The Biden administration has announced a comprehensive plan that provides a “safety net” for millions of student loan borrowers that includes more affordable repayment terms, amicable monthly interest, and the ability for lower- to middle-income earners to postpone the debt indefinitely.

In a statement released Tuesday, the U.S. Education Department said the “historic” revisions to current law would “transform college financing and reduce future borrowers” by slashing federal loan repayments by $.40 cents on the dollar and significantly reducing the burden on Americans whose income falls below $30,600 a year.

“These proposed regulations will cut monthly payments for undergraduate borrowers in half and create faster pathways to forgiveness, so borrowers can better manage repayment, avoid delinquency and default, and focus on building brighter futures for themselves and their families,” U.S. Secretary of Education Miguel Cardona said in a draft of the regulations. “We cannot return to the same broken system we had before the pandemic, when a million borrowers defaulted on their loans a year and snowballing interest left millions owing more than they initially borrowed.”

The proposal would raise the poverty threshold for repayments from $24,000 to $30,600, meaning single borrowers could make $6,600 more per year and not incur any federal obligation to repay.

The changes would “substantially reduce monthly debt burdens and lifetime payments, especially for low and middle-income borrowers, community college students, and borrowers who work in public service,” the government said.

The plan seeks to amend the terms of the Revised Pay As You Earn (REPAYE) plan to offer $0 monthly payments for any individual borrower who makes less than roughly $30,600 annually and any borrower in a family of four who makes less than about $62,400, according to the statement.

High earners would see annual savings of at least $1,000 while many borrowers will benefit from having monthly obligations reduced by half — with repayment terms falling from 10% to 5% of total income.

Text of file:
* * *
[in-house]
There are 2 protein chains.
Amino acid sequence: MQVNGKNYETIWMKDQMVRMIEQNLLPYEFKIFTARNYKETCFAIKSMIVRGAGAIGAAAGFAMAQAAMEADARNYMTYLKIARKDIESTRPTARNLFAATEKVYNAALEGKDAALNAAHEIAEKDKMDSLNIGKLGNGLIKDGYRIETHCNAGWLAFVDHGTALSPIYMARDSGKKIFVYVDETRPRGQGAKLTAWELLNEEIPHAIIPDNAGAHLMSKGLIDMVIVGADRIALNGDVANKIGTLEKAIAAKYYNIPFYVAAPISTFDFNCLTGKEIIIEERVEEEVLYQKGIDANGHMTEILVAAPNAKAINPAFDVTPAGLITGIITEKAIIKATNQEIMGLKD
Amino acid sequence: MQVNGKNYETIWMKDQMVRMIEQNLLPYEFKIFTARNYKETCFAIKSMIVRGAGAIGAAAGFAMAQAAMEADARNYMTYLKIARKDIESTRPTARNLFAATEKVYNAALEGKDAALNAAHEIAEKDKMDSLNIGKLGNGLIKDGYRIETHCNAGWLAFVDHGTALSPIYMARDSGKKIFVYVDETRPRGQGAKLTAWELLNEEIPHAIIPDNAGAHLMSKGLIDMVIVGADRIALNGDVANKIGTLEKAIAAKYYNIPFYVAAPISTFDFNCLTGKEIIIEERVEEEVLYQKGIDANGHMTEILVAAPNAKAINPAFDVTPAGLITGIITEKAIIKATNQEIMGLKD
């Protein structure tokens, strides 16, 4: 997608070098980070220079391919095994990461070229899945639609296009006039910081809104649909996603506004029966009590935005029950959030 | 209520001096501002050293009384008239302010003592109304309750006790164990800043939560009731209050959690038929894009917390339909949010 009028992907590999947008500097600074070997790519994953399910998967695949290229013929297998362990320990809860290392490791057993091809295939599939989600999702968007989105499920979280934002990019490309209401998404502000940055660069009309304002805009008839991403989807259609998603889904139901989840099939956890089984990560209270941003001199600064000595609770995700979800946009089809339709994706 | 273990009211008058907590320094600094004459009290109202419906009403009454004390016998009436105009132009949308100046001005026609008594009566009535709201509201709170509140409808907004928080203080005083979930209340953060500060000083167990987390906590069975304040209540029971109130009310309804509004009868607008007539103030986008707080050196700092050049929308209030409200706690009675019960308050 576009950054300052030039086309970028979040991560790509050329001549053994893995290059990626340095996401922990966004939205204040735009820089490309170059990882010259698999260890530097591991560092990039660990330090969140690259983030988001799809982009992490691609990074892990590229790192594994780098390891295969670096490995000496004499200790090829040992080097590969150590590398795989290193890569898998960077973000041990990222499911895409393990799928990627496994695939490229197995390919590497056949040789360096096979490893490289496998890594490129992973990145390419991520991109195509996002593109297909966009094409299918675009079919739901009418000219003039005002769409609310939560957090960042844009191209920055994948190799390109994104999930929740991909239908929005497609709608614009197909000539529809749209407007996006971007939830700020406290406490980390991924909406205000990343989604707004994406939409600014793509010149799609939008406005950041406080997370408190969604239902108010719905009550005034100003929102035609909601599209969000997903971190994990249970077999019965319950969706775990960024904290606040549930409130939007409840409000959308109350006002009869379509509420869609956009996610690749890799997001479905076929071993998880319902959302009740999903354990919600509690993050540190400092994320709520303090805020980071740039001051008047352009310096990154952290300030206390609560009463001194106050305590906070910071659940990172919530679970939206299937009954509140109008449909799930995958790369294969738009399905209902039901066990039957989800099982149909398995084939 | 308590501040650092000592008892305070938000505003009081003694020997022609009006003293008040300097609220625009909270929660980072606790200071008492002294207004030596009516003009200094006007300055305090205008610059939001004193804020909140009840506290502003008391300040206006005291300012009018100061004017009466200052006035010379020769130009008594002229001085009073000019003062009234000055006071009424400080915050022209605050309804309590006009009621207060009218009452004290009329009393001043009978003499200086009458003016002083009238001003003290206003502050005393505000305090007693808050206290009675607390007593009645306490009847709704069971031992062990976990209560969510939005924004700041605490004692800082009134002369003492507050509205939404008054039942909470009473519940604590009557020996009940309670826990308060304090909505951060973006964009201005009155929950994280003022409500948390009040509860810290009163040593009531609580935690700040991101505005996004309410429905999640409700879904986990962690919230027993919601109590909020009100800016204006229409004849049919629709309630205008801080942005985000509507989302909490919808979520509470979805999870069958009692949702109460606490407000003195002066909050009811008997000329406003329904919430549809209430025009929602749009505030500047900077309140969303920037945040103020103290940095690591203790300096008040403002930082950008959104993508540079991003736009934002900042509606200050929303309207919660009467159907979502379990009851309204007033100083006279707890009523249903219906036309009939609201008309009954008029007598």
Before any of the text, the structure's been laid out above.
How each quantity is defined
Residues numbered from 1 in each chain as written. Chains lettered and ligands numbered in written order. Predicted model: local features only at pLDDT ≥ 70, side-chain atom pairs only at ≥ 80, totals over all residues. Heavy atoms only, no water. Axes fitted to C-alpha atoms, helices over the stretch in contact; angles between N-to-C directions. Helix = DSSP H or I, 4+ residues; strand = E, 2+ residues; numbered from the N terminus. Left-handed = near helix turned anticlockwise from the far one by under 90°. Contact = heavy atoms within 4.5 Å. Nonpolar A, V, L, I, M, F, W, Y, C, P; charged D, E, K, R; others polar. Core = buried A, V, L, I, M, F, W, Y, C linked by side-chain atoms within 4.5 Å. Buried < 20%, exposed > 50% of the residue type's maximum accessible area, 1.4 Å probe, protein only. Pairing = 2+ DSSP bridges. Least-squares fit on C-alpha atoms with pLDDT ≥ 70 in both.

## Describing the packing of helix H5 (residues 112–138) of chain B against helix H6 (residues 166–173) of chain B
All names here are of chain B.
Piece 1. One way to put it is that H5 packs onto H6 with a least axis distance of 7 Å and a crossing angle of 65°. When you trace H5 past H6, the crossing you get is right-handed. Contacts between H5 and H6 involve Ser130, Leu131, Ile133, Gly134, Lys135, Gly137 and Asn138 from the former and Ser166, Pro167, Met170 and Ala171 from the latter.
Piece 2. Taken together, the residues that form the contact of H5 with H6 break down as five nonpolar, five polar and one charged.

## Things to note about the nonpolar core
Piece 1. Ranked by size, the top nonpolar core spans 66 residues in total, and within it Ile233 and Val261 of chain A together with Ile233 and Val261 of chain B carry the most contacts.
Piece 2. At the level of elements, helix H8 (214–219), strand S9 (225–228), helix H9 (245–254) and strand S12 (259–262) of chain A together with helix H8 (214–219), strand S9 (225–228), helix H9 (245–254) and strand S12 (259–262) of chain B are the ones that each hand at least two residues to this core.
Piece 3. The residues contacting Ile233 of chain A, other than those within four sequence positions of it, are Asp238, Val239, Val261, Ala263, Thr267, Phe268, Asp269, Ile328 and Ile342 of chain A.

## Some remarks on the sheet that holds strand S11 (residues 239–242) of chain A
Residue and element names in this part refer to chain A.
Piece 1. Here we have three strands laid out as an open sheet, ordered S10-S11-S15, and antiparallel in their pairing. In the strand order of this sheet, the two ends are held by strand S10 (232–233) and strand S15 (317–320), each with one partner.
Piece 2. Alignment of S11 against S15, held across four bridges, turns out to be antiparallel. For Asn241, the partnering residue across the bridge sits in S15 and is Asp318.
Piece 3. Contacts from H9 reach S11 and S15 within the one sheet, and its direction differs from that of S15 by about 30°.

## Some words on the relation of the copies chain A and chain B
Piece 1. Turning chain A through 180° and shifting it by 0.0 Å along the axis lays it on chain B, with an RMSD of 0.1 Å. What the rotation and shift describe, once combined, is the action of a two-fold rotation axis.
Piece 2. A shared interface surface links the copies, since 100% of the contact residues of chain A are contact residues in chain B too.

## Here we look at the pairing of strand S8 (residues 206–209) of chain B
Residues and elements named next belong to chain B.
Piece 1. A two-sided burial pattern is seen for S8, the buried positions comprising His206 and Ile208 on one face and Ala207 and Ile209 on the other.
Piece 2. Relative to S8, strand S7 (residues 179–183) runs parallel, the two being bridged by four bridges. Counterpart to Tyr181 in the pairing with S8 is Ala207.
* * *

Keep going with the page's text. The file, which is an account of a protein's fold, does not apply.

“The regulations would also cut in half monthly payments on undergraduate loans for borrowers who do not otherwise have a $0 payment in this plan,” the plan reads. “The proposed regulations would also ensure that borrowers stop seeing their balances grow due to the accumulation of unpaid interest after making their monthly payments.”

The administration’s latest effort on student loans was announced alongside the debt cancellation plan that President Joe Biden floated last August to help those saddled by decades of student loans.

The administration’s effort to completely wipe away up to $20,000 in loan debt for every borrower, however, is currently in limbo after two Republican-controlled states sued, claiming the move would ultimately leave taxpayers on the hook for the money.

The Supreme Court is set to hear oral arguments in February, with the administration arguing that it is “comfortably” within its authority to cancel debt under the 2003 HEROES Act, which grants federal power to waive laws that usually govern student loans during national emergencies.

The plan proposed Tuesday moves the Education Department away from income-based repayments while also bringing an end to monthly charges for unpaid interest. The plan also includes measures that would fast-track the forgiveness of smaller loans.

Federal student loan repayments have been paused throughout the pandemic, beginning with former President Donald Trump, and continuing after Biden took office and extended the forbearance several times since.

Since Biden took office in 2021, he has come under extreme pressure from Congressional Democrats who want the president to implement more widespread student loan forgiveness through executive action as millions of Americans struggle to make ends meet under rising inflation.

Many piecemeal reforms like those that recently wiped away debt for defrauded or disabled students, and for many who work in public service jobs, have fallen short of benefiting the widest swath of middle-class borrowers.


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